Appalachia Folk Dancing Music

Killy Kranky

Killiekrankie square dance song

Killy Kranky is a song the girls and I learned at this year’s Mountain Folk Festival in Berea, KY. We had never heard the song before, but the girls immediately fell in love with the quirky lyrics and have pretty much drove me crazy making Killy Kranky jokes ever since.

Killy Kranky

Killy Kranky is my song sing and dance it all day long.
From my elbow to my wrist. Now we do the double twist.

Broke my arm, broke my arm
Swinging pretty Nancy
Broke my leg, broke my leg
Dancing Killy Kranky!

Killy Kranky is my song sing and dance it all day long.
From my wrist down to my knee we’ll do the grapevine twist.

Broke my arm, broke my arm
Swinging pretty Nancy
Broke my leg, broke my leg
Dancing Killy Kranky!

Killy Kranky is my song, sing and dance it all day long.
From my knee down to my toe. How much farther can you go?

Broke my arm, broke my arm
Swinging pretty Nancy
Broke my leg, broke my leg
Dancing Killy Kranky!

—————–

In the book edited by Jean Ritchie, Folk Songs of the Southern Appalahcians as Sung by Jeanine Ritchie, this description of the song is given:

Uncle Jason calls this one a play ditty, because according to his description of it, it was both a game and a song, and not much of either one. The players sang the song while they “wound the grapevine,” using different variations, all of which Uncle Jason avowed was just a good excuse to get their arms around one another. He thought that the words, “Killy Kranky” were just nonsense syllables, and so did I until my husband and I found the town of Killy Kranky (by accident when we lost the main road) in Scotland!

Like Richie and Uncle Jason I assumed Killy Kranky was a made up name-too but after we got home from Berea I decided to do some googling around just in case. Like Ritchie, I discovered Killy Kranky, actually spelled Killiecrankie is indeed a place in Scotland.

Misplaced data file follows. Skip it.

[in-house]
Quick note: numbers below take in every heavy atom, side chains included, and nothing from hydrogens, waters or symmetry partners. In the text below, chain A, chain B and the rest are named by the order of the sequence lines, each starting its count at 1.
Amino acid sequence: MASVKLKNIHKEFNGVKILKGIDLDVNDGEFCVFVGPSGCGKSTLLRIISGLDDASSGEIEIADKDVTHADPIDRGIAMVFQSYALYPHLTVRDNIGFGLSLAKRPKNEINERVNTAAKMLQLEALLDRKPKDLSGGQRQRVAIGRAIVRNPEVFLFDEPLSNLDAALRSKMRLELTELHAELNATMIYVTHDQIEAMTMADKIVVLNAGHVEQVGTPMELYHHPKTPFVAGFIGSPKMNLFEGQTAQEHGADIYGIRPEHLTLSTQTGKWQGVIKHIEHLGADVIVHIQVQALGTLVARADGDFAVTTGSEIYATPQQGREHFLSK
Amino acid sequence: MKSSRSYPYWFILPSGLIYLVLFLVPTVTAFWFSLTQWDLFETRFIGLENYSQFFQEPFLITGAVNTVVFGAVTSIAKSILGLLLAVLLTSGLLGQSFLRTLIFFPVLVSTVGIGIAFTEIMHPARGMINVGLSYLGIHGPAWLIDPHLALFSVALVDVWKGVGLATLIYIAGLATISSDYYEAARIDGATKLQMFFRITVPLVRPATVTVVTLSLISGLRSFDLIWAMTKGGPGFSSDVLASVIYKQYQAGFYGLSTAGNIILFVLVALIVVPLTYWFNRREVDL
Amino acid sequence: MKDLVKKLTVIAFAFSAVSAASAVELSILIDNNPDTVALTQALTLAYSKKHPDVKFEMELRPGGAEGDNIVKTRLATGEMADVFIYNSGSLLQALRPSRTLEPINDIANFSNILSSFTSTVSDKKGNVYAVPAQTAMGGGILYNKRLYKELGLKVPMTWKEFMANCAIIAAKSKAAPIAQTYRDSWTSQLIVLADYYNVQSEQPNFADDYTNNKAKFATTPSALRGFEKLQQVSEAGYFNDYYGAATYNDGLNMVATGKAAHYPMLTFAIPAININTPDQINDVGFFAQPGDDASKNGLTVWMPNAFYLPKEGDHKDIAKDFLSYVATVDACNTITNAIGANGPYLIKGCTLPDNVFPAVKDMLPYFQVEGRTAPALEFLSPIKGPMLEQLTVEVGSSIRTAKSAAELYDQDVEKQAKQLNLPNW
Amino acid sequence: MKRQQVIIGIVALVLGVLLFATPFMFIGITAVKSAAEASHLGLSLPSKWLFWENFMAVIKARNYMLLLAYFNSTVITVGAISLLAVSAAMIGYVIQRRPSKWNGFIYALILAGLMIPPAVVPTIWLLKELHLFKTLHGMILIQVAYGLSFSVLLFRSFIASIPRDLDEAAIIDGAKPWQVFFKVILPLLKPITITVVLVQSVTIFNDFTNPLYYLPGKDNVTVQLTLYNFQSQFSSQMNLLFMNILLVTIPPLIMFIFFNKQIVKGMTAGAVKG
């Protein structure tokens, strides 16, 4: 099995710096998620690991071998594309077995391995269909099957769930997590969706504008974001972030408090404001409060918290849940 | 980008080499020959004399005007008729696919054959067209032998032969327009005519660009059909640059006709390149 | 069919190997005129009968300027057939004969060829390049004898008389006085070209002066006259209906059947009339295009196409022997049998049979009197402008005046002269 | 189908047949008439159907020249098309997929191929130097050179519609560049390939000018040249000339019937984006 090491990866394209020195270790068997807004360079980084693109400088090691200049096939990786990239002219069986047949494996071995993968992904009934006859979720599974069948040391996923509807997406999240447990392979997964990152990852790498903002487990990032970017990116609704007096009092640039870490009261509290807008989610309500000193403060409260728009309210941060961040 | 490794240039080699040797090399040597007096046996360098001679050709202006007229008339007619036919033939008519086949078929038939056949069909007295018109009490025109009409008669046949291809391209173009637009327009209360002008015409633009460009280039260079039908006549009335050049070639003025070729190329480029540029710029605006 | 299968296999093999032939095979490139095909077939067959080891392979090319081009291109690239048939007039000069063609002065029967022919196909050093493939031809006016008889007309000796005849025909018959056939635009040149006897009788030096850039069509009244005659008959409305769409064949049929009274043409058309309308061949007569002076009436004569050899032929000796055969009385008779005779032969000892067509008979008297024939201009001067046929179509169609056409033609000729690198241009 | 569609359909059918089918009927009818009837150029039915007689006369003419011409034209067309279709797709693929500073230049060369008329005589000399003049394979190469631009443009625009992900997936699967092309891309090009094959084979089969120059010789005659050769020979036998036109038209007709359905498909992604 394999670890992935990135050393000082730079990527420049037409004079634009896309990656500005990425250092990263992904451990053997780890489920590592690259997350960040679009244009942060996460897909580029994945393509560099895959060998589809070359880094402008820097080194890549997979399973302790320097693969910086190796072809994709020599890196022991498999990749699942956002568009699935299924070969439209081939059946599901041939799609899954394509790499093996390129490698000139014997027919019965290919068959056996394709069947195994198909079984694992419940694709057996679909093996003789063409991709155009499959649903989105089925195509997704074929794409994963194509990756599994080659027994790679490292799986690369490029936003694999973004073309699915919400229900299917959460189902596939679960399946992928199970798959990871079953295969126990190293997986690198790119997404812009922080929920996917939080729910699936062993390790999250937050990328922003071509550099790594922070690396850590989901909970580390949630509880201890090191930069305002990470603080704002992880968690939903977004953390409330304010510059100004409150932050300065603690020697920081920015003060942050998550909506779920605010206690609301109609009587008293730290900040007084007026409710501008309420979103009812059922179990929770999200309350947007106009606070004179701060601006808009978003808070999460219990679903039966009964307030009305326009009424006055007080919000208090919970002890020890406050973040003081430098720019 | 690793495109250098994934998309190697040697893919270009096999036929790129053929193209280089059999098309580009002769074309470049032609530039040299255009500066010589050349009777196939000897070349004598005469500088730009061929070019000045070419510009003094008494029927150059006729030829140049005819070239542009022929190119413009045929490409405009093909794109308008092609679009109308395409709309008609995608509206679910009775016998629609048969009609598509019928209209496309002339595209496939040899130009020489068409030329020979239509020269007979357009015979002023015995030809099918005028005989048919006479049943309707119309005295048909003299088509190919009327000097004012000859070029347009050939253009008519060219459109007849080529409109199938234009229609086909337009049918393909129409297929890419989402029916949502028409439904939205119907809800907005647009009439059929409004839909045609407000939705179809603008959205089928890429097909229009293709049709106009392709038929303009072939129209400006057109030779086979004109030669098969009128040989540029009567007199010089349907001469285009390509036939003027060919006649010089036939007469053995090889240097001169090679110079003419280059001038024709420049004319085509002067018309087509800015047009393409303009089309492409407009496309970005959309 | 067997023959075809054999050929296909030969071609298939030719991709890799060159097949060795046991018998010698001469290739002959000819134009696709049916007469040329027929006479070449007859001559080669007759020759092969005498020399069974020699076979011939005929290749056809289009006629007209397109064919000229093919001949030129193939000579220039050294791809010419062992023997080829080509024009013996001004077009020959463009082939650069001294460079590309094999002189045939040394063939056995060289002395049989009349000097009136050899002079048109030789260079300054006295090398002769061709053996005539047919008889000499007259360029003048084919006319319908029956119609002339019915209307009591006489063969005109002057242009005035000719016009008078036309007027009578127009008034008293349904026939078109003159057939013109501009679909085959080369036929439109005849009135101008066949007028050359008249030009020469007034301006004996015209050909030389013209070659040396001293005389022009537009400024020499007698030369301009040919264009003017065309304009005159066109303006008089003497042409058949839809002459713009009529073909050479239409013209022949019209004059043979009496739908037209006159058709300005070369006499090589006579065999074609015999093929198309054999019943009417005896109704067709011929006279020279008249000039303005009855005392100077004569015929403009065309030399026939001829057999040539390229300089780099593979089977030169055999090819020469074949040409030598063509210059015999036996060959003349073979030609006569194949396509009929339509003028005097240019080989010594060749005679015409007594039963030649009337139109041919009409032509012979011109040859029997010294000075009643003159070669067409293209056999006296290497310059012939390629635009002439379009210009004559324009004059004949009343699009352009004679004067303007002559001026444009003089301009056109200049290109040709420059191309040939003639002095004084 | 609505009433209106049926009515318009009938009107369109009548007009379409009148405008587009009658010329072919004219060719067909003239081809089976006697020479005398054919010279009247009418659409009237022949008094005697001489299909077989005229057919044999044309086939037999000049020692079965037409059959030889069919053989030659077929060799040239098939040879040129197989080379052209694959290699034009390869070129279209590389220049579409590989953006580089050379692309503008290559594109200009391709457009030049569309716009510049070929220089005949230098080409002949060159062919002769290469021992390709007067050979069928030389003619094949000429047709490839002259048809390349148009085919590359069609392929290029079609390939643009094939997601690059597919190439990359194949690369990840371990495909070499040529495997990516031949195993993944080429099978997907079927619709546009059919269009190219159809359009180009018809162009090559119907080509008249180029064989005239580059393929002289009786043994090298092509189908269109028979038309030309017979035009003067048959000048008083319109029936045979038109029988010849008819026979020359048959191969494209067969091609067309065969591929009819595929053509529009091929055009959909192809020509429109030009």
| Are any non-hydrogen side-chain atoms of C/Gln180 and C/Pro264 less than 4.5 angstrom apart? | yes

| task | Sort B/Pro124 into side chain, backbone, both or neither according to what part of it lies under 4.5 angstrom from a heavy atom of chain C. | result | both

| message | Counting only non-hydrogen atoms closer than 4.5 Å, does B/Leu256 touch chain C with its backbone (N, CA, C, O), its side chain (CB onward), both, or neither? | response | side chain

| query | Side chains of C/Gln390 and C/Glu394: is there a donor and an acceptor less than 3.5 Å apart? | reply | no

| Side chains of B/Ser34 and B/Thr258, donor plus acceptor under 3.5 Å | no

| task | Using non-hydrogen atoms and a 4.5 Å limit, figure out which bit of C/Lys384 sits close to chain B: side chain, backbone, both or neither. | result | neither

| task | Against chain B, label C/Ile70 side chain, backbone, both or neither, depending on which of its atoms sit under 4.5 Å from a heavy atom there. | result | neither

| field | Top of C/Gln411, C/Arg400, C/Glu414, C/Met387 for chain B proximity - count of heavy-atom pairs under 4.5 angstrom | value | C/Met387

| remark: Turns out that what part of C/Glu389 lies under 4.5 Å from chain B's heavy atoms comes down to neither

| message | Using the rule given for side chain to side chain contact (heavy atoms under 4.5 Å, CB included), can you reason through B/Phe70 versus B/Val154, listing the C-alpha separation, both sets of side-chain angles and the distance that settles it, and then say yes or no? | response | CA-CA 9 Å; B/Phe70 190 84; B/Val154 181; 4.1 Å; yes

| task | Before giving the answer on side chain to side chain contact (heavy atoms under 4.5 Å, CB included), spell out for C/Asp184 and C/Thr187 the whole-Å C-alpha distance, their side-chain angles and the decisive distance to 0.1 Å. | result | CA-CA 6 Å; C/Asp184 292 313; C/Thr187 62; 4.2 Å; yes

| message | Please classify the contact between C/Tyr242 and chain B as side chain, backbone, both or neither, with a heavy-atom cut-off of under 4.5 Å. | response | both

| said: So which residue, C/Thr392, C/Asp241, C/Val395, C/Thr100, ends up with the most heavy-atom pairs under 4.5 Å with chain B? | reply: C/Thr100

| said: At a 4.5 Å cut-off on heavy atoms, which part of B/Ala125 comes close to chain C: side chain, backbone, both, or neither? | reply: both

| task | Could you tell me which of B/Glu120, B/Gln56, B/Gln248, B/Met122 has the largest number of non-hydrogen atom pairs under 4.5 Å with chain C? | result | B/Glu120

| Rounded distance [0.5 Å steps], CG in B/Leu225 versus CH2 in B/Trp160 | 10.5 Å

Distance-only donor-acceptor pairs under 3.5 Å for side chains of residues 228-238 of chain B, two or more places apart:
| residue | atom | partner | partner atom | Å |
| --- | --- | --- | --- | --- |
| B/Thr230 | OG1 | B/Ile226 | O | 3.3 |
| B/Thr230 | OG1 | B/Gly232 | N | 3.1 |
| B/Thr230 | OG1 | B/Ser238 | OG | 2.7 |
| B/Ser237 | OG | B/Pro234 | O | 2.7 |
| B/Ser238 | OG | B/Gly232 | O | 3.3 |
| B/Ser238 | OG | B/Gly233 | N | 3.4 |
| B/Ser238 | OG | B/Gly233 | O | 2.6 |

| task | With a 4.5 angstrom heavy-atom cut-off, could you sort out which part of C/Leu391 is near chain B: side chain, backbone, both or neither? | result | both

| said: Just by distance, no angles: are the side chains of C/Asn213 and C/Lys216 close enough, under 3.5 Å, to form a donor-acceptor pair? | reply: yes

Pass of Killiecrankie, Scotland
Pass of Killiecrankie, Scotland

The website Killiecrankie Undiscovered Scotland: The Ultimate Online Guide has this to say about the area:

The Pass of Killiecrankie lies about midway between Pitlochry and Blair Atholl. A little under a mile and a half long, it is a narrow, steep sided glen cut by the River Garry through the surrounding high ground, and forms the most constricted part of what has throughout history been the main route between the Highlands and the Lowlands.

It is probably best to say up front that the paths that descend from the visitor centre into the lower reaches of the pass are steep in places, are mainly of compacted earth, and many sections have steps. This is a place you are most likely to enjoy in sensible shoes.

Throughout history, the Pass of Killiecrankie was travelled by most overland visitors to the Highlands. It is interesting to consider that our own response to it, as a place of beauty, is a relatively recent development. Thomas Pennant, in writing about his tour of Scotland in 1769 said of Killiecrankie: “The pass is extremely narrow between high mountains, with the Garry running beneath in a deep dark foam, and a rocky channel, overhung by trees, forming a scene of horrible grandeur.”

In 1844, Queen Victoria took a very different view when writing in her journal: “We came to the Pass of Killiecrankie, which is quite magnificent: the road winds along it, and you look down a great height, all wooded on both sides, the Garry rolling below it. I cannot describe how beautiful it is. Albert was in perfect ecstasies.”

The pass was probably not a welcome sight to another group of visitors who travelled through it on 27 July 1689: 4,000 government troops on their way to defeat at the hands of the Jacobites in the Battle of Killiecrankie.

You can jump over to the website by clicking here and read more about the battle of Killiecrankie.

—————–

After reading all of that-if I was making a guess-I’d say the song originated because of the rough terrain of Killiecrankie.

The warning to wear sensible shoes and the quote from Thomas Pennant make the lines: Broke my arm, broke my arm Broke my leg, broke my leg seem believable.

Maybe the song started out as a battle cry for the Jacobites or maybe it was a song sung by travelers who had to traverse the rugged terrain of Killiecrankie. Who knows how it started?

Knowing a version of the song-even one that has been maligned and morphed into a dance tune-is still alive and well in Appalachia is beyond cool to me in fact I think it’s downright AWESOME.

Drop back by in a day or so to see the dance and to hear more of our Killy Kranky story.

Tipper

p.s. Go here to hear a version of Killy Kranky that is similar to the one we learned in Berea.

*Source for Killiecrankie photo: Old UK Photos.

 

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15 Comments

  • Reply
    Hank Skewis
    July 7, 2019 at 2:20 pm